On January 22, when Ukraine was commemorating Unity Day, an expected and yet astounding event occurred. Viktor Yushchenko announced that he was conferring the title of Hero of Ukraine to Stepan Bandera. Judging by the succession of policies that Yushchenko has been pursuing in the course of his presidency, this is quite a logical step. Incidentally, he also awarded the same title to Roman Shukhevych in 2007, in spite of trenchant criticism. Yet the apparent logic is seen as faulty in the eyes of a vast majority of historians and experts, who say that this decision was made at the wrong moment. Opinions on the significance of this action differ. Some regard this as a “farewell gift” from Yushchenko, a part of his legacy, as Bandera will remain a Hero of Ukraine for the generations to come. Others consider it a pragmatic and political decision. For example, in an interview with Radio Liberty’s Russian bureau, Savik Shuster mentioned this event in the context of a Russian-Ukrainian diplomatic war: according to him it is a response to the official nomination of Russia’s new ambassador, Mikhail Zurabov, whom Moscow has been keeping ready for several months already. This seems to be an exaggeration. The Ukrainian president is hardly inclined to exchange important Ukrainian historical figures (even if Ukrainians themselves have not yet finally understood their importance) for punches in petty neighborhood quarrels.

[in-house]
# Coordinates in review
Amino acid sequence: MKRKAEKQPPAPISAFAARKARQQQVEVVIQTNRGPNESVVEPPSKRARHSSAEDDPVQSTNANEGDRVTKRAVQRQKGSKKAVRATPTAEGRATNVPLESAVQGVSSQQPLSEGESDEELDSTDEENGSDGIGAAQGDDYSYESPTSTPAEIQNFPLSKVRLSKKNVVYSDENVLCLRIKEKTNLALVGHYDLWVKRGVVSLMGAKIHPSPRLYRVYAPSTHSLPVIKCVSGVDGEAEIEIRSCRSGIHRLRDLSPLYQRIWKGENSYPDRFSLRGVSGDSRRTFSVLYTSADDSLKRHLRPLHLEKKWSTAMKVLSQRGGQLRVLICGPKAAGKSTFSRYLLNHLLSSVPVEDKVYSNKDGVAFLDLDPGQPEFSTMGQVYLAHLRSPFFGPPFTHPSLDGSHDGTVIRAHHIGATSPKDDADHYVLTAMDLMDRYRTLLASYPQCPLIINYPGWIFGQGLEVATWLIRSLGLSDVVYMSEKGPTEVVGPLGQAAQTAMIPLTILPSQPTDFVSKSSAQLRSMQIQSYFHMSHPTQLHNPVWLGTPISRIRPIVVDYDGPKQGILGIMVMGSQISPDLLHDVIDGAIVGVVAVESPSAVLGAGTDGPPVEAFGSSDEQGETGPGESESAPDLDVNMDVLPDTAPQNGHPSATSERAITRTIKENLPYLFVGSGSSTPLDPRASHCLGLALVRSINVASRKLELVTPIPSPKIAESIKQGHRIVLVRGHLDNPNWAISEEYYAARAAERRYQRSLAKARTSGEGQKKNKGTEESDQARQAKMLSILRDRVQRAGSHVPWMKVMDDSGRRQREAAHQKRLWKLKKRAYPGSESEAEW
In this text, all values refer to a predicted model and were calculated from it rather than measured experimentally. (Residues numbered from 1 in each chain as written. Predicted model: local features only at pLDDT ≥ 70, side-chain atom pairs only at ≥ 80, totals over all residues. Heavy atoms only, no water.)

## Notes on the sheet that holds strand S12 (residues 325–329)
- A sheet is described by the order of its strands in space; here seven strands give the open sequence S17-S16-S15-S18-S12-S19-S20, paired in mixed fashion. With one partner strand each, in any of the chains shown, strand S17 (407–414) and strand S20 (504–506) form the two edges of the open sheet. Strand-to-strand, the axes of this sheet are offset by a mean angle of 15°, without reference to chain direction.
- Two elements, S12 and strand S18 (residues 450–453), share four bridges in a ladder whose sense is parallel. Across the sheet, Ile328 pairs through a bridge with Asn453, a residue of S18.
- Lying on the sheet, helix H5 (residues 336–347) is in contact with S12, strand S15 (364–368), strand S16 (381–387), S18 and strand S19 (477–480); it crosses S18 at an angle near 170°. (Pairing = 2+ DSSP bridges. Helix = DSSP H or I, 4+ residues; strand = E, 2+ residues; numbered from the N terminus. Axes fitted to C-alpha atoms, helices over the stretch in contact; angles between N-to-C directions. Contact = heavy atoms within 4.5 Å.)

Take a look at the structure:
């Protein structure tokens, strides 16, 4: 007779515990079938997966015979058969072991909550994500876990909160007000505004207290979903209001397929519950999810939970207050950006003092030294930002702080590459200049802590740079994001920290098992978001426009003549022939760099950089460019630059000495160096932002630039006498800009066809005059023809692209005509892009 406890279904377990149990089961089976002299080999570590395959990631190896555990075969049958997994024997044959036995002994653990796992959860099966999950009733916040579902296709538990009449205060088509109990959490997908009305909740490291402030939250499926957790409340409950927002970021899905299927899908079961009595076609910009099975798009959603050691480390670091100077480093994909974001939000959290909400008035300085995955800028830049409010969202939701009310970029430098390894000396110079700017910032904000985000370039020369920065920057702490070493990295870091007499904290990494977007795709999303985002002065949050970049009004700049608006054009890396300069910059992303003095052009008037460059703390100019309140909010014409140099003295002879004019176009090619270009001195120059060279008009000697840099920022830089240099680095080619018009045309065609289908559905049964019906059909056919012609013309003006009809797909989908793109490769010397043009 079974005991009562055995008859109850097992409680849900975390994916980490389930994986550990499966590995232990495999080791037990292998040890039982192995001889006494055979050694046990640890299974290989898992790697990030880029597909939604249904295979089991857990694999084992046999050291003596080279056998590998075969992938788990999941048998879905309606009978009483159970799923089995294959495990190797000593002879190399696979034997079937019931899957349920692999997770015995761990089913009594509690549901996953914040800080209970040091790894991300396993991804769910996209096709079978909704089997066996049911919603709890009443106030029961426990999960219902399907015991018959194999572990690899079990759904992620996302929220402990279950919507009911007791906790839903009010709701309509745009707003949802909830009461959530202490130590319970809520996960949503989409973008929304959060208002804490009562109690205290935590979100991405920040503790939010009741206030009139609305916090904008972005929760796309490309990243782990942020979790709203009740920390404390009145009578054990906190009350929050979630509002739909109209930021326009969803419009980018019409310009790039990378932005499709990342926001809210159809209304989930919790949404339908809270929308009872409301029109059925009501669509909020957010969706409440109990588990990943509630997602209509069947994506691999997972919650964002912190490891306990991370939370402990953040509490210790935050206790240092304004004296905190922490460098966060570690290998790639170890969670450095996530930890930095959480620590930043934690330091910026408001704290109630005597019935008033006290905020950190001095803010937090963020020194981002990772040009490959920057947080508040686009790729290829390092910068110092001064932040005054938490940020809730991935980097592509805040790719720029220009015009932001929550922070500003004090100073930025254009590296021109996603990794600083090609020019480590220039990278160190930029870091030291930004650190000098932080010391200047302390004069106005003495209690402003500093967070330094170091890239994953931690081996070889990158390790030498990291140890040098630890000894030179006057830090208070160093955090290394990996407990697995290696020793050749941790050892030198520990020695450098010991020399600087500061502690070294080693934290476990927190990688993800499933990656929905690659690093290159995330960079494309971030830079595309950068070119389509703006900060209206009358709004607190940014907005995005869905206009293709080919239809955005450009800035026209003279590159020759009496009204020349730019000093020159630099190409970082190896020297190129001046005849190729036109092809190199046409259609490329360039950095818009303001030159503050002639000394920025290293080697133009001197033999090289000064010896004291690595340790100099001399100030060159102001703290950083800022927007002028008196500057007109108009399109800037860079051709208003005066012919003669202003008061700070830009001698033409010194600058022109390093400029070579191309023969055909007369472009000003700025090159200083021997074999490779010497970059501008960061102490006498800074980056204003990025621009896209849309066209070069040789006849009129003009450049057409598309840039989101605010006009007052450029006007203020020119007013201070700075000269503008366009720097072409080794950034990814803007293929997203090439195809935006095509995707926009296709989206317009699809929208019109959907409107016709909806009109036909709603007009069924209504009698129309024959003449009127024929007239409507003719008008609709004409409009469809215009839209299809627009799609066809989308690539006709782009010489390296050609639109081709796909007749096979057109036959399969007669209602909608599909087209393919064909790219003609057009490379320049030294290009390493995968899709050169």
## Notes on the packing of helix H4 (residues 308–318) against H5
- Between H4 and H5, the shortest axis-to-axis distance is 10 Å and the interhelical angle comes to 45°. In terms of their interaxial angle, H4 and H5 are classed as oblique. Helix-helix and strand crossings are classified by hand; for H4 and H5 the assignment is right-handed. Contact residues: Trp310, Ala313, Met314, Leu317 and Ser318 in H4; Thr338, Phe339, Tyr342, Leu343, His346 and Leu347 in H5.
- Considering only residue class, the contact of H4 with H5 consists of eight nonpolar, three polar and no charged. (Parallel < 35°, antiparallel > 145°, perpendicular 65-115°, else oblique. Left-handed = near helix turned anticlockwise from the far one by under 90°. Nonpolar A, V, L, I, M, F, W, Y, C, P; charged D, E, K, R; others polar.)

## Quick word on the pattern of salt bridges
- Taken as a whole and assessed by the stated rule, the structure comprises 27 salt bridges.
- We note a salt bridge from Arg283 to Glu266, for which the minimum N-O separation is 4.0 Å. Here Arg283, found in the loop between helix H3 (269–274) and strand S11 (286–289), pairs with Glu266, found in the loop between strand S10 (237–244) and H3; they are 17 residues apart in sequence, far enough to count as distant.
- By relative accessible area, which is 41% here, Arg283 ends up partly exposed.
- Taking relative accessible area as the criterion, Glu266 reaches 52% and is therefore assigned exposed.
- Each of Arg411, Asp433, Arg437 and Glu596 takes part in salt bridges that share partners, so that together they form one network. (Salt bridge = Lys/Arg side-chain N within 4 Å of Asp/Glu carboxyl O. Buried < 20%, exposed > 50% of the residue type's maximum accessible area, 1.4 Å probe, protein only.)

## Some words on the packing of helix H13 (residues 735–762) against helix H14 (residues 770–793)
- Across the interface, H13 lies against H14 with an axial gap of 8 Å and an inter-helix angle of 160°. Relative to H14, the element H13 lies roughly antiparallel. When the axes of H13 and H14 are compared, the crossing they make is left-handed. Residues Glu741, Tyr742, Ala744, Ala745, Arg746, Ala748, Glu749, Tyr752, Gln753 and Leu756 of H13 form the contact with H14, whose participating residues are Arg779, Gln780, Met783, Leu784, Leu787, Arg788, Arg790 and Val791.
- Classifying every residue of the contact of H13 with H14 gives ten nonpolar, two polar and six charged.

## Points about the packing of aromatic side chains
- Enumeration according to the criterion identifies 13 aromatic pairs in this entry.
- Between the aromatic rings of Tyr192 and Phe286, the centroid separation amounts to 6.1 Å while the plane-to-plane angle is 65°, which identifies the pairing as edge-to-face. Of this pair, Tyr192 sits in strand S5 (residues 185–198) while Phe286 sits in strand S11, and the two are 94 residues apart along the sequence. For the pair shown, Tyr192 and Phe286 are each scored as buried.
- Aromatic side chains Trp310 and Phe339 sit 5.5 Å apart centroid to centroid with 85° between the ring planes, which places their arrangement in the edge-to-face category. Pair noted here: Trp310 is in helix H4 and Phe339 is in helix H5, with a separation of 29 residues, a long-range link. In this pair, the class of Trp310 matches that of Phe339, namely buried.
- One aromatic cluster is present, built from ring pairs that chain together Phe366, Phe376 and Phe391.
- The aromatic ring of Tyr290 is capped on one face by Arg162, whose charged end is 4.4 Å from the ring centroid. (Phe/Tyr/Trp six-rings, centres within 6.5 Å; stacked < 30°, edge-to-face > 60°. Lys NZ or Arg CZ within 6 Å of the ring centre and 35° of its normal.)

Therefore, the president’s intent in the official knighting of Stepan Bandera still remains a puzzle. It has led to a proliferation of rumors and further questions, focusing mainly on two issues. Firstly, why was it done just now and not, for example, in 2009, the year of the 100th anniversary of Bandera’s birth, as in the case of Shukhevych? Secondly, is Ukrainian society ready for such a nomination, and will it accept it? The official proclamation of Bandera as a Hero of Ukraine (if indeed it is more than just a mere symbolic or political gesture, but an attempt to restore historical justice and unite the country) could have been preceded by some public out-reach programs, such as making dozens of documentaries and feature films, writing both historical and more mass-oriented books based on the true history, and launching a broad-based, serious, and hot-heated debate in the mass media. In all probability, Yushchenko would say that that is not the job of a president. This may be true, but does the president’s opinion matter so little in this country, despite the fact that it is a parliamentary-presidential republic?
Speaking of the media, it is interesting to note that the first overtly Ukrainian TV serial, was The Birthday of a Bourgeois, with roles patterned on exalted figures rather than “the Mob,” being soap opera characters in the very first years of independent Ukraine.
So the presidential decision has no firm ground to stand on: it is based on an informational void and pointlessness, capturing this decision's spirit, as if it were a house without the foundation. One must also consider the 'Heroes of Ukraine' nominated by previous presidential edicts. For instance, the last Hero of Ukraine during the Kuchma presidency was none other than Volodymyr Lytvyn.
At least from that perspective Ukraine is undergoing evolution, not degradation.